Imagine 400 acres of undeveloped land framed by a commercial-length runway, a newly-engineered roadway and a nearby rail spur – all located in the urban core of a major city minutes from downtown by a nearby expressway.
For prospective tenants and employers, there’s also an array of attractive city and state incentives, not to mention nearly a century of military aviation history that still lends the surroundings a special feel.
That’s exactly what became available Tuesday at Port San Antonio, site of the former Kelly Air Force Base, a master-planned aerospace and industrial complex that is home to 14 aerospace businesses and 13,000 employees, yet still has 60% of its 1900-acre campus available for redevelopment.
The completed extension of 36th Street into a major artery through the Port was the occasion for flag-waving celebrations Tuesday morning as Major Julián Castro and State Reps. Jose Menendez and Philip Cortez joined a tent-full of officials, local employers and Port trustees and staff to mark the occasion.
“We have a very strong vision for San Antonio’s future as a Brainpower capital,” Castro told the audience. “That means 21st century jobs, and aerospace jobs certainly fit that bill.”
The new acreage, said Port SA CEO Bruce Miller, is ideally suited for future industrial and manufacturing tenants and is spacious enough to accommodate 8,000 more Port workers.
“This is a milestone for us, and it sets the stage for new development at Port San Antonio,” Miller said. The roar of an Air Force jet overhead caused Miller to pause in his remarks, but only briefly. “Most of the time we don’t even stop talking when the planes pass overhead,” he quipped.
A roadway extension might not make big headlines, but the 36th Street extension is a $60 million project 15 years in the making, financed by an assortment of federal, state and city dollars throughout the years. The project was completed by the city’s Capital Improvements Management Services (CIMS) department; city bond funds have continued to help the Port undertake important infrastructure improvements, but much remains to be done.
The Port relies primarily on the rent it collects from its industrial tenants to fund its operations budget. There is not much outside funding to support base redevelopment or beautification.
For those who did not live in San Antonio, often called Military City USA, in the 1990s, an entire city fought tenaciously to keep open Kelly after it was first targeted in 1993 for possible closure by the Base Realignment and Closure Commission.
At its height, Kelly employed more than 20,000 full-time civilian workers, many of them Hispanics who became the foundation of the city’s minority middle class. Kelly did not survive the 1995 round of base closures, although then-Mayor William Thornton and other local officials were able to negotiate with the Clinton administration a unique, six-year winding down of the base mission and workforce that greatly softened the economic blow locally.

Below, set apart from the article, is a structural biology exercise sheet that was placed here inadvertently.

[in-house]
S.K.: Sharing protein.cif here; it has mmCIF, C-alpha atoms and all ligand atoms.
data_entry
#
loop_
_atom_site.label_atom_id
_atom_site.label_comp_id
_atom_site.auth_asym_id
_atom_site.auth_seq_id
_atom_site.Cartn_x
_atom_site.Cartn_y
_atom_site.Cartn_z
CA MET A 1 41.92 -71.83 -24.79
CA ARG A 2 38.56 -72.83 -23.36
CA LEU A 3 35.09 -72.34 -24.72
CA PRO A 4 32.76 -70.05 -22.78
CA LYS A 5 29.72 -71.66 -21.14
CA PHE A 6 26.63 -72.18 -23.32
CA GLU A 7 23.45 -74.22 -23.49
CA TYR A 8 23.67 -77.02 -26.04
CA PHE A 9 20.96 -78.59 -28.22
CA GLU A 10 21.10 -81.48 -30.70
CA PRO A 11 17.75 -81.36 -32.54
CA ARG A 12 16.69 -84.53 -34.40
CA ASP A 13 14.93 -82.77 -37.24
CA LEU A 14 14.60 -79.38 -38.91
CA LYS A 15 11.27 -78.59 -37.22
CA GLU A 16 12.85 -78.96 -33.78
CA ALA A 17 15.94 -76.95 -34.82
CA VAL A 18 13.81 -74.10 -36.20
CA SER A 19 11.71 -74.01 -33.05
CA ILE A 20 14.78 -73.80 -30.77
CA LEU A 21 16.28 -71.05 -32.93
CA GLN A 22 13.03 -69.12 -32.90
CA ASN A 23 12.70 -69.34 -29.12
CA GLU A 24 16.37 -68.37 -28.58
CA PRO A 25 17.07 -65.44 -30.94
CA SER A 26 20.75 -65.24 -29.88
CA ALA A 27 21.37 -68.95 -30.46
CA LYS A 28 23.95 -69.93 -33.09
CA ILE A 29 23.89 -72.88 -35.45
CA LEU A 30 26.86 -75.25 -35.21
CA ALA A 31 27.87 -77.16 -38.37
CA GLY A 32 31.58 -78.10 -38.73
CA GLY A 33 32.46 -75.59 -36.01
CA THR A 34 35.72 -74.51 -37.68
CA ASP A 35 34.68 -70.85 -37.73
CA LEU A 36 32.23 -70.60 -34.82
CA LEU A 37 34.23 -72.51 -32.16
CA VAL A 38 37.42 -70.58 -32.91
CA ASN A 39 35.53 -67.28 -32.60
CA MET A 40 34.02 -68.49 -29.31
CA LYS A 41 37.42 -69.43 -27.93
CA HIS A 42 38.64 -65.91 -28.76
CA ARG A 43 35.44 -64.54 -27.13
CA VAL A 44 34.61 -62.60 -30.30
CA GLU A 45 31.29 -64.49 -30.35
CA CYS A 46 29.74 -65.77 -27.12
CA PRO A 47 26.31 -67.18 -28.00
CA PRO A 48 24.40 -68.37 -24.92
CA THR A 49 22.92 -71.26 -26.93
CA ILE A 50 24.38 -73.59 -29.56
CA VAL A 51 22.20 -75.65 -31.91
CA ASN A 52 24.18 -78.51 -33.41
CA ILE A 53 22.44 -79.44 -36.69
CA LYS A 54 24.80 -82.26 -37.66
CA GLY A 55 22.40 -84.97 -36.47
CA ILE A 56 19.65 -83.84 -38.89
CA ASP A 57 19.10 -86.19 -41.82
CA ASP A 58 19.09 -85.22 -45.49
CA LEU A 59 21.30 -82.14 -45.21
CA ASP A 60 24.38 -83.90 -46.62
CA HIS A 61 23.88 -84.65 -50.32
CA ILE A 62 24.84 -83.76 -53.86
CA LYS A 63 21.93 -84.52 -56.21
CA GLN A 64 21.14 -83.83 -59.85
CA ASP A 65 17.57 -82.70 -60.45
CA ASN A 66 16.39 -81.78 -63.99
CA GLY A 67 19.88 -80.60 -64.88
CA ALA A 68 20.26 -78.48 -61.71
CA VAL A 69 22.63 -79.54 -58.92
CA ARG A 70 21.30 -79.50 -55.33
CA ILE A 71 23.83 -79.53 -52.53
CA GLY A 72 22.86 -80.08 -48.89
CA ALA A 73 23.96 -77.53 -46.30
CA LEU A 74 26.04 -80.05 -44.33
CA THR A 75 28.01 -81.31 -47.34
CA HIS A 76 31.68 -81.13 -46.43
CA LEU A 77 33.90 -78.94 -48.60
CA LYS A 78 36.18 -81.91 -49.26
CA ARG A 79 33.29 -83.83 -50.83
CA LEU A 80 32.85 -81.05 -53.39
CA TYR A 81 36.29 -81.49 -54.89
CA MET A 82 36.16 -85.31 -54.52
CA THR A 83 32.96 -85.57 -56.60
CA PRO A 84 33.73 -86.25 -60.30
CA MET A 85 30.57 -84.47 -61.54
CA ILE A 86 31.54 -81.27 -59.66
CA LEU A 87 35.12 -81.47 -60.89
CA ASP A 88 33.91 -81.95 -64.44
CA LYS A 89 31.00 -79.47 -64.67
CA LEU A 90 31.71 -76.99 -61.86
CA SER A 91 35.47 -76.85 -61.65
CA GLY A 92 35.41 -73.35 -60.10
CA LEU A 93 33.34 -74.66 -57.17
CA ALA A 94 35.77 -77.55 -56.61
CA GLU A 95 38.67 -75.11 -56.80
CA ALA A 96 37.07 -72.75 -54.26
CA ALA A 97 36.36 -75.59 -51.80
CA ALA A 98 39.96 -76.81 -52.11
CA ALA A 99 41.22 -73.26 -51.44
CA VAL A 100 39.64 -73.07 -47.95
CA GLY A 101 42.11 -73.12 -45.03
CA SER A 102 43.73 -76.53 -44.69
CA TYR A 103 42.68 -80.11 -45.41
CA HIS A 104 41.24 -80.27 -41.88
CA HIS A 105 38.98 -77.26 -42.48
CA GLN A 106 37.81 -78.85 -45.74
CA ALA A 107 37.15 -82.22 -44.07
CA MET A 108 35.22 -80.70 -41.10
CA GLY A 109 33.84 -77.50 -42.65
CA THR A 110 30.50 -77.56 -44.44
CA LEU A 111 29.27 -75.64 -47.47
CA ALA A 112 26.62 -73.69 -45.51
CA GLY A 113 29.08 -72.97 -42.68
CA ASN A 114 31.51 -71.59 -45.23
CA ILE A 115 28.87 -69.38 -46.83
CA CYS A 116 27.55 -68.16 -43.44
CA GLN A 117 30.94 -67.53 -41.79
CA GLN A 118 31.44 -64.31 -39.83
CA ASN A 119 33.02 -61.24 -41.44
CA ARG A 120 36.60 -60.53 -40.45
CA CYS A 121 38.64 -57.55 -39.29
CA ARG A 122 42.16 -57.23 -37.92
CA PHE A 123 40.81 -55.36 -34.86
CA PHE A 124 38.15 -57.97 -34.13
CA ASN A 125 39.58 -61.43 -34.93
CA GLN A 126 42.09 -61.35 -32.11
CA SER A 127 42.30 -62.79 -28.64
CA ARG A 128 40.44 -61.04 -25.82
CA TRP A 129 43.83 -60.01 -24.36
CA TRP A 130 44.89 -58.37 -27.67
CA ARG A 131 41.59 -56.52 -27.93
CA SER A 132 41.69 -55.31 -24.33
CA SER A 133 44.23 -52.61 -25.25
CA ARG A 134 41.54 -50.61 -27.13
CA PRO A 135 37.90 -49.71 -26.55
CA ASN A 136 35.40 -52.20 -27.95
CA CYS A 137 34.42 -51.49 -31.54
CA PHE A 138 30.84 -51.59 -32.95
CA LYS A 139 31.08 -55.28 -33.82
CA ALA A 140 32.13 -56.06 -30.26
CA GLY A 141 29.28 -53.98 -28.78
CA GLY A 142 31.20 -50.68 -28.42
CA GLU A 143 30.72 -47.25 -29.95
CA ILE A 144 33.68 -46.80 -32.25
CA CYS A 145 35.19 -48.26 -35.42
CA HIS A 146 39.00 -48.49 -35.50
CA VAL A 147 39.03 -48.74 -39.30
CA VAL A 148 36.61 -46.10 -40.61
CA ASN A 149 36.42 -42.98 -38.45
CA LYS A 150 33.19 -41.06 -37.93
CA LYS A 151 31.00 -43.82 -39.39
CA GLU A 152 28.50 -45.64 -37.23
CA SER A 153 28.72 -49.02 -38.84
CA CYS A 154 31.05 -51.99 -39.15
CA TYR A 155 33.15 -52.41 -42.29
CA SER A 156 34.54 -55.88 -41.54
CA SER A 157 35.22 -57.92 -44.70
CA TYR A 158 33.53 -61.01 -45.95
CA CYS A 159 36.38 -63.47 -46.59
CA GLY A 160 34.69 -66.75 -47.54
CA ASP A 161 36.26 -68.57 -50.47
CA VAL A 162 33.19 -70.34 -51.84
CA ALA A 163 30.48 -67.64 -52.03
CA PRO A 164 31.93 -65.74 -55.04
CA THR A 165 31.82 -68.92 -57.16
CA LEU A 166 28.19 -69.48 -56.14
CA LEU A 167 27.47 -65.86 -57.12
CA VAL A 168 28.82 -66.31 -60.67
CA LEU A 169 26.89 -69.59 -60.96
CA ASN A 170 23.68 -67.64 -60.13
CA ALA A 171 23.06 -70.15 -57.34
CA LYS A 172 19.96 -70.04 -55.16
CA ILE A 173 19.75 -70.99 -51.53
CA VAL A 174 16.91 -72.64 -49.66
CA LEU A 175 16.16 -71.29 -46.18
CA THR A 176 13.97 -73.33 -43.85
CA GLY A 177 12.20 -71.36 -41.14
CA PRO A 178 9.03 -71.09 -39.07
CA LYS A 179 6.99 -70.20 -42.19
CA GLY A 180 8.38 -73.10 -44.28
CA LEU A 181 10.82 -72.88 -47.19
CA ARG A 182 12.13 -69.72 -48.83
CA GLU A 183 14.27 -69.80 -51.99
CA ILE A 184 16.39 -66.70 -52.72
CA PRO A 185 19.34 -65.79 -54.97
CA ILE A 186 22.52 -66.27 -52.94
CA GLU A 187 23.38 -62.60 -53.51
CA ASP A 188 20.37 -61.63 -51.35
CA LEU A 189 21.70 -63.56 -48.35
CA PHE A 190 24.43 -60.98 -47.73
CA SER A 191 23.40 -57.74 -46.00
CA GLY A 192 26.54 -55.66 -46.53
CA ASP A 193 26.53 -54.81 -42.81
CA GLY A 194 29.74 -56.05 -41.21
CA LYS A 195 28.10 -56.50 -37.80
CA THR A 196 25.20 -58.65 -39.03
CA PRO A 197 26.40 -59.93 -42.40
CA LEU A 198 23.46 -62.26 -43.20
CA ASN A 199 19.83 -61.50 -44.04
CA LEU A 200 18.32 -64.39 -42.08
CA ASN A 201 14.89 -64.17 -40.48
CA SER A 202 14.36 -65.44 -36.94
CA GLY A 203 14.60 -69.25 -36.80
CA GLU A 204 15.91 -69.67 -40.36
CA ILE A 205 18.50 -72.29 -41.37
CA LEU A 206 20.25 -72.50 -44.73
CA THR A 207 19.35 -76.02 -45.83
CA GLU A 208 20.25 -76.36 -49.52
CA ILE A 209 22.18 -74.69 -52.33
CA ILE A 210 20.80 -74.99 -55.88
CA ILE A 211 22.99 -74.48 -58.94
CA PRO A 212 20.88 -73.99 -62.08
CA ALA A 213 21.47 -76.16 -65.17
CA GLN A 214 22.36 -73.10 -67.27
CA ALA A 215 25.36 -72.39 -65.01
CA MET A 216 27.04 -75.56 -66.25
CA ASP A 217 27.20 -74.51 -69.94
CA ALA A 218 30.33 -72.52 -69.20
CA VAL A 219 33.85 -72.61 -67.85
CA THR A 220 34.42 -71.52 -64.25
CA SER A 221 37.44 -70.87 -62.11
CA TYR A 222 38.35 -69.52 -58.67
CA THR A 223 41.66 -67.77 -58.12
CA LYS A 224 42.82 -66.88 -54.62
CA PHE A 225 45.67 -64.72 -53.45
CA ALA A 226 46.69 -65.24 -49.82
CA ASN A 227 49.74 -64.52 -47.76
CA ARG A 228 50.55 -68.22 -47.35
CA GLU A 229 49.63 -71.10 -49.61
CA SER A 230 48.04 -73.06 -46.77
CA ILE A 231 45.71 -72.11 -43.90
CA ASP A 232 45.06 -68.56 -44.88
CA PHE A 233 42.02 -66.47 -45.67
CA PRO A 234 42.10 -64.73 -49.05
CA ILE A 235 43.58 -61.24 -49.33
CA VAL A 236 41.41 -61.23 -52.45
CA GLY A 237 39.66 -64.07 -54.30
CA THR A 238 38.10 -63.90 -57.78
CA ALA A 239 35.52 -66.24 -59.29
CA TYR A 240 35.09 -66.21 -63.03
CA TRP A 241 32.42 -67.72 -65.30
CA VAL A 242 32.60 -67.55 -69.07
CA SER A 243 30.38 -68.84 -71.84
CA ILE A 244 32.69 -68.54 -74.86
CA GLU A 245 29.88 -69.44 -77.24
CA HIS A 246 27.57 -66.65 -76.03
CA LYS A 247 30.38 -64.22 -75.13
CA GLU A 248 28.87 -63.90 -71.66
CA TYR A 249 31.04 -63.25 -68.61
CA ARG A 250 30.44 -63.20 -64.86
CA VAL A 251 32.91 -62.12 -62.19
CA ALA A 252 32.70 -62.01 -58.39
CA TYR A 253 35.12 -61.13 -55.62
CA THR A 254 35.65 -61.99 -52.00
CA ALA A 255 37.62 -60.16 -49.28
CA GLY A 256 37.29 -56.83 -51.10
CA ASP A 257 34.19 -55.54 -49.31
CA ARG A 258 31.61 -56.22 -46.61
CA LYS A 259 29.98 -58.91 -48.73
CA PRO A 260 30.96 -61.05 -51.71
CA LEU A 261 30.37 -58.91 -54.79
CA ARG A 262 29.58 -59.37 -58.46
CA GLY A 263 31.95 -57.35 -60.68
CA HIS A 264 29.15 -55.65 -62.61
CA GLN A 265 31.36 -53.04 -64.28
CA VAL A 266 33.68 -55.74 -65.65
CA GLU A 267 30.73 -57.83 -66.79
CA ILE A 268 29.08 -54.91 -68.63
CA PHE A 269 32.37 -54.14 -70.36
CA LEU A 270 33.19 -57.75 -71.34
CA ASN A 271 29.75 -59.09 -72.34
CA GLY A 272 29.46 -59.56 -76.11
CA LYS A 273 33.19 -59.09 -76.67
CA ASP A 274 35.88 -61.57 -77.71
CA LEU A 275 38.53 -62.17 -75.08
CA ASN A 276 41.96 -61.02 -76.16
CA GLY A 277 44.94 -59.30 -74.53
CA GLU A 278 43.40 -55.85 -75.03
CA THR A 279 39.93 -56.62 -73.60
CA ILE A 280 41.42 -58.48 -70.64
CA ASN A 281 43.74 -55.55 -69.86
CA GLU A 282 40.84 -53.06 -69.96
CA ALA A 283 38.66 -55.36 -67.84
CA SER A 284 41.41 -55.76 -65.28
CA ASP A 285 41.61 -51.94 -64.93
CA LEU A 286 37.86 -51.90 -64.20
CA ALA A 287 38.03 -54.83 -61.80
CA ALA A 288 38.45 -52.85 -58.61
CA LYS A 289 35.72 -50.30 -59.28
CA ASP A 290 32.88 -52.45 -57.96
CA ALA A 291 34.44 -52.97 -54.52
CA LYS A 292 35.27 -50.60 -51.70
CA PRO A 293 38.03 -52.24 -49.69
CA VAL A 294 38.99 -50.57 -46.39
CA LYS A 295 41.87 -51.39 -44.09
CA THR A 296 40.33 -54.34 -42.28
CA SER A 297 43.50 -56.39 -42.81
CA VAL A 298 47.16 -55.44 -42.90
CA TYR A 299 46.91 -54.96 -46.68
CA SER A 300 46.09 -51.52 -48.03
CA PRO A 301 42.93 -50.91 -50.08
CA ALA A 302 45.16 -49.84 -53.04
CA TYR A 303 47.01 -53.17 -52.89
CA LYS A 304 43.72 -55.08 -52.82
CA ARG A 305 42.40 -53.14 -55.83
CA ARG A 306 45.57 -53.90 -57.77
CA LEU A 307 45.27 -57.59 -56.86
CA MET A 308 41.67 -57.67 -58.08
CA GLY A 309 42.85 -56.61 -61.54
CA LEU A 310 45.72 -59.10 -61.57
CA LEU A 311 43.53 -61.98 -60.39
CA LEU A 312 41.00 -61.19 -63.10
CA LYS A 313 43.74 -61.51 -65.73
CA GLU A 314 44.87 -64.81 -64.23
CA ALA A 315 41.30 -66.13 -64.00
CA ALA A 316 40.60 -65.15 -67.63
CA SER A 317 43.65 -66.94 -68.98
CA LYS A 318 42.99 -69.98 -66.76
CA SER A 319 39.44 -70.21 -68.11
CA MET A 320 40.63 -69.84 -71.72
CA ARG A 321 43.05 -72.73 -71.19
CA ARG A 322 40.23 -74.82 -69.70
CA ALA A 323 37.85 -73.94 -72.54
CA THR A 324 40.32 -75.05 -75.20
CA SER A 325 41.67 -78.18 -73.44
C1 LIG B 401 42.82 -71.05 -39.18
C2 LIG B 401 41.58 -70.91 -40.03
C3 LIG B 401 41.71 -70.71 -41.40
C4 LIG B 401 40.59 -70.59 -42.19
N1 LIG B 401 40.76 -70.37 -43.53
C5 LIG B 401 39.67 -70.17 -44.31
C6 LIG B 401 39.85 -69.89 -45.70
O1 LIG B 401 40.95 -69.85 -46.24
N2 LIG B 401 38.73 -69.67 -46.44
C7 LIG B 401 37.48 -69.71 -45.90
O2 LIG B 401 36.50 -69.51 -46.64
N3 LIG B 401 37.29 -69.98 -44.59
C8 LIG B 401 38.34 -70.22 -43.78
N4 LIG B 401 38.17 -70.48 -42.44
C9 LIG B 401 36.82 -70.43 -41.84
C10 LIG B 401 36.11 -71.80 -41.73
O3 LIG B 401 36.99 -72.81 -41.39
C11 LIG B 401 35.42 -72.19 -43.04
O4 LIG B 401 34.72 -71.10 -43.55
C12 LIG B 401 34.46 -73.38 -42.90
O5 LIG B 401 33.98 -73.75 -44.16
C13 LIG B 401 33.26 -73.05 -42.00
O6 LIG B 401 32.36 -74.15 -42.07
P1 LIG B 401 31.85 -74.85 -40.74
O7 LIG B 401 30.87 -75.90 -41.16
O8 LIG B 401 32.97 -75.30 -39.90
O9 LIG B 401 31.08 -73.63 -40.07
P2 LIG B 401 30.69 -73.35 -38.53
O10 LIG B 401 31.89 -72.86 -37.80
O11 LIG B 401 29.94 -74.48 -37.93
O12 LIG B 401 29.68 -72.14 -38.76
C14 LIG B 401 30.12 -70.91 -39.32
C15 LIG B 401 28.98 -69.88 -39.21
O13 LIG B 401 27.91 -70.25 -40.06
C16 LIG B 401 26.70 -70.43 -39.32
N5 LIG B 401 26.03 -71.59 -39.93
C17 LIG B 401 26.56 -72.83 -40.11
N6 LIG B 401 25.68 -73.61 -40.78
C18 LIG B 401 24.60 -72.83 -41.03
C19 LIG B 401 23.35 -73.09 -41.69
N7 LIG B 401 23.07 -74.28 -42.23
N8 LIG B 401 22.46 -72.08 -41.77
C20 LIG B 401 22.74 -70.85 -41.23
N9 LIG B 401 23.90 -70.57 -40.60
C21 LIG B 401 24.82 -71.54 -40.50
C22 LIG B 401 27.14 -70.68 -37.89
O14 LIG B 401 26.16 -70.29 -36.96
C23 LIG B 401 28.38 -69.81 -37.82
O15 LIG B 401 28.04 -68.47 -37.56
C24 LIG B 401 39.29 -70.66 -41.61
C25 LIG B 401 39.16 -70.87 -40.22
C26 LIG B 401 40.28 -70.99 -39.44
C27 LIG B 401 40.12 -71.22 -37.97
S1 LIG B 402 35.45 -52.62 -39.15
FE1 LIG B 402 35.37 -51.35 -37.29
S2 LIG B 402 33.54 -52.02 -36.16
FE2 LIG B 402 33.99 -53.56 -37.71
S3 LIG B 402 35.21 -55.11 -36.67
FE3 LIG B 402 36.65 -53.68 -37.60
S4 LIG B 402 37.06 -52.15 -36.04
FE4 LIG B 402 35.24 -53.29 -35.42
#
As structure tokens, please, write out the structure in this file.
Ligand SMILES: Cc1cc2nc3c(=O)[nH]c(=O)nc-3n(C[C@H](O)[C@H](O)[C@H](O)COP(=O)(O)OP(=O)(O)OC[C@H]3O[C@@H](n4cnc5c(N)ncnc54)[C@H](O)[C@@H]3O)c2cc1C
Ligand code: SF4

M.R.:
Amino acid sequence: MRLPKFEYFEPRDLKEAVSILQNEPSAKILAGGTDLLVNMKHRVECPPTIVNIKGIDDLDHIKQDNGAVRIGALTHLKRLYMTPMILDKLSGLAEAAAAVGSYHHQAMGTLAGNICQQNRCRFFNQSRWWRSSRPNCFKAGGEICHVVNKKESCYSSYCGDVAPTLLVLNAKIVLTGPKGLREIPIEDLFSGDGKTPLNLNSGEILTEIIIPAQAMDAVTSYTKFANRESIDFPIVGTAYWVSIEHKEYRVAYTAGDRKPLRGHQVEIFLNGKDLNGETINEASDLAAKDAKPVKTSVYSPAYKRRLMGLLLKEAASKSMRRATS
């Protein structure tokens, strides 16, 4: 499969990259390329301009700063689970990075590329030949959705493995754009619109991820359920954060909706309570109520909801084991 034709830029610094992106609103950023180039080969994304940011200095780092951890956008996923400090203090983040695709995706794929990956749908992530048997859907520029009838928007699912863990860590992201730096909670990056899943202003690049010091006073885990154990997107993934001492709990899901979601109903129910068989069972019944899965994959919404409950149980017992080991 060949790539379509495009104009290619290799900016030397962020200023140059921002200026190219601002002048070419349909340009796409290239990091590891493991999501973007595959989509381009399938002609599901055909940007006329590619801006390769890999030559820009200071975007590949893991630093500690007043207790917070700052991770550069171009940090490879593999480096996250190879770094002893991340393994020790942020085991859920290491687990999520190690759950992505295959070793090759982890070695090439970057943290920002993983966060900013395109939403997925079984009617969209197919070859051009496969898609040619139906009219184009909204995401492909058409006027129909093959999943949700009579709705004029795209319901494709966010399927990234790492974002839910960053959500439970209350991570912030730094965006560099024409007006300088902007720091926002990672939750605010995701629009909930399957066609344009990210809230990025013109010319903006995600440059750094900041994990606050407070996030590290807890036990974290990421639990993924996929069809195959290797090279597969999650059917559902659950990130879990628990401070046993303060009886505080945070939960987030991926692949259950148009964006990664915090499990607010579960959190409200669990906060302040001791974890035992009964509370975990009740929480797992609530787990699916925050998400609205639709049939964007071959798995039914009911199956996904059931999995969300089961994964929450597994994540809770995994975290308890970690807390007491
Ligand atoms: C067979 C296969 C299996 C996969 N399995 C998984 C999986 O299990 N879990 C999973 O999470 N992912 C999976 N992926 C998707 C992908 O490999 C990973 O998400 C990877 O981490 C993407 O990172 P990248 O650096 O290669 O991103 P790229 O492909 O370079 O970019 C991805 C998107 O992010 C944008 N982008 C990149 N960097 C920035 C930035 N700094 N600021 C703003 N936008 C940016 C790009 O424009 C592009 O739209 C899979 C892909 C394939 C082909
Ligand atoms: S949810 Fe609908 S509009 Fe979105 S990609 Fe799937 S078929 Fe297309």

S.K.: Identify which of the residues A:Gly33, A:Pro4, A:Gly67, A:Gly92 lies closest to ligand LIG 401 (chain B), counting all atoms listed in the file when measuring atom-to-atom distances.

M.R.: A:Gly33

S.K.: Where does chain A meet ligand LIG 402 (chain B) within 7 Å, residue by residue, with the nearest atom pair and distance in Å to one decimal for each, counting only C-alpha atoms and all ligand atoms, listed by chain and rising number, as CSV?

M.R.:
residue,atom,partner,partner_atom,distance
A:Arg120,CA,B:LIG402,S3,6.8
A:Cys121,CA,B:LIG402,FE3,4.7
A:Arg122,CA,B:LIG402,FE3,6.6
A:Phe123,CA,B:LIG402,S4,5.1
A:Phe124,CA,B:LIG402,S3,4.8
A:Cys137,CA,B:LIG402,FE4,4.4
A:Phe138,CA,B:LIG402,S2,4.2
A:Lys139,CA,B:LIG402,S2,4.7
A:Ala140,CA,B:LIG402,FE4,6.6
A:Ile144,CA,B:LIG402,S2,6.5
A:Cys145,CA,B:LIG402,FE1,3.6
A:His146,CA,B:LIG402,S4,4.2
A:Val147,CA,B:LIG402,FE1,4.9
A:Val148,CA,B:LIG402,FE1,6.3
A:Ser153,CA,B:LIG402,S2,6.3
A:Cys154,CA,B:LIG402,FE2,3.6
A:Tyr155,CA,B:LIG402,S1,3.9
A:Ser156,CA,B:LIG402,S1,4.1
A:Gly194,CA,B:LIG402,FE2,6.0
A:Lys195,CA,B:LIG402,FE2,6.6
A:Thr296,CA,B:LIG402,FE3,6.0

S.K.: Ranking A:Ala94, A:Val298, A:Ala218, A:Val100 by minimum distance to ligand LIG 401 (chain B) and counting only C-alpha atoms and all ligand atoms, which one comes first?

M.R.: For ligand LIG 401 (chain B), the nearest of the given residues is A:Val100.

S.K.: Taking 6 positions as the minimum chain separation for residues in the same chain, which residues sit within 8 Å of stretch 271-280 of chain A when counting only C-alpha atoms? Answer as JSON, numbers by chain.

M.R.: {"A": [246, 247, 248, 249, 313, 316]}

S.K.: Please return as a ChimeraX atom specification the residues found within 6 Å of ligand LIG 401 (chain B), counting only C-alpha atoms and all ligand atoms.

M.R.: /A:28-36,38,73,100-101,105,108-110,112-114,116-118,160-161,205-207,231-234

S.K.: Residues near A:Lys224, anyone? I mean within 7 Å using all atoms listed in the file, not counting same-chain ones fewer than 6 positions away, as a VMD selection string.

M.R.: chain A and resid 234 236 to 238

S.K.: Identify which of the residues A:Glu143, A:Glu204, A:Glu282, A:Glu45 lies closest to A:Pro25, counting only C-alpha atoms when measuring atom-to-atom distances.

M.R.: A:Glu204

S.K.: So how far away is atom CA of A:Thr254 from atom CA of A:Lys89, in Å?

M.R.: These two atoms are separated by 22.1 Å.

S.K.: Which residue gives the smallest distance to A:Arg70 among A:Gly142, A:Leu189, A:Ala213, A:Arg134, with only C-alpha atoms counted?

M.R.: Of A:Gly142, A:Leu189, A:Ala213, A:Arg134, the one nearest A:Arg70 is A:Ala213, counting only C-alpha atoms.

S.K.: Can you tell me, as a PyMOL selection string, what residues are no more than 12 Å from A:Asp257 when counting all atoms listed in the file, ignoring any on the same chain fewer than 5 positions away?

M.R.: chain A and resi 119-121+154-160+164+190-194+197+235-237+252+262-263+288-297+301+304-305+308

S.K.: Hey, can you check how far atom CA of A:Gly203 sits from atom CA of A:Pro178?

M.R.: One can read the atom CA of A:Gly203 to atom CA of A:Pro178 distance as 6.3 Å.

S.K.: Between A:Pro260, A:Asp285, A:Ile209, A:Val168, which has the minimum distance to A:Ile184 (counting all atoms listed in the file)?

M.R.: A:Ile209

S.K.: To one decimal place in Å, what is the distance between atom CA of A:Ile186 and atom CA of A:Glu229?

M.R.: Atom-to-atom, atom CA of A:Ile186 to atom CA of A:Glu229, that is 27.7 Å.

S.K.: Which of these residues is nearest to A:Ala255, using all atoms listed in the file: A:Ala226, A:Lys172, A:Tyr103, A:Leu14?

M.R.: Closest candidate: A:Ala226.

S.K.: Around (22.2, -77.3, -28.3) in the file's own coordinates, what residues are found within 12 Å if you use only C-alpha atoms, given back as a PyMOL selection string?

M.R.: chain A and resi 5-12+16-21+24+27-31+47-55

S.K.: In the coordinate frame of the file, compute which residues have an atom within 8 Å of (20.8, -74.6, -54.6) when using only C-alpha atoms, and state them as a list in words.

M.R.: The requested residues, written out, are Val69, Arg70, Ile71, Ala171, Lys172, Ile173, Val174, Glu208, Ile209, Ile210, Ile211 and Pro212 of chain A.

Over the last decade, excepting city bond monies, there has been little outside funding available to redevelop Port San Antonio to its full potential.
Today’s events and the recent formation of a city-county task force to identify growth and expansion opportunities could prove to be a turning point.
Miller and others believe the Port eventually could become home to 38,000 skilled workers, which would elevate the Port to one of the city’s and region’s top employment zones.
“This project has been so long in the making, I can remember zoning cases in the ’90s when I was on City Council, ” Rep. Menendez told the crowd.
Menendez then evoked the memory of a revered Southside officeholder, former state Sen. Frank Madla, a 33-year veteran Texas legislator who died in a tragic house fire in 2006, only days after the first Toyota Tundra rolled off the San Antonio assembly line, a manufacturing plant he helped establish with enabling legislation. Madla also was instrumental in the establishment of Texas A&M University-San Antonio.
“I think it would be a good idea to change the name of the street and rename 36th Street the Frank Madla Memorial Way,” Menendez told the audience.
“As long as it’s not downtown,” Mayor Castro, seated nearby, quickly responded, provoking loud laughter, a reminder that Rep. Cortez, also seated on the stage, made the original recommendation to change the name of Durango Boulevard to Cesar Chavez Boulevard while he as still on City Council, which proved to be a highly contentious project left to Castro to complete after Cortez left the Council.
“When I stand on this stage at the Port, I see one thing: jobs,” said Cortez. “Jobs, jobs, jobs. The Port is transforming the Southwest side of San Antonio, it’s become a great economic generator.”
Led by Castro, officials then stepped on to 36th Street and waved racing flags as the first trucks lumbered by in a symbolic inauguration of the roadway.
As Texas and the nation shake off the last signs of the Great Recession, it will now be up to local economic development officials to market the Port’s new offerings – particularly to out-of-state companies with healthy balance sheets searching for a skilled workforce available at competitive wages in a regulatory environment conducive to business growth.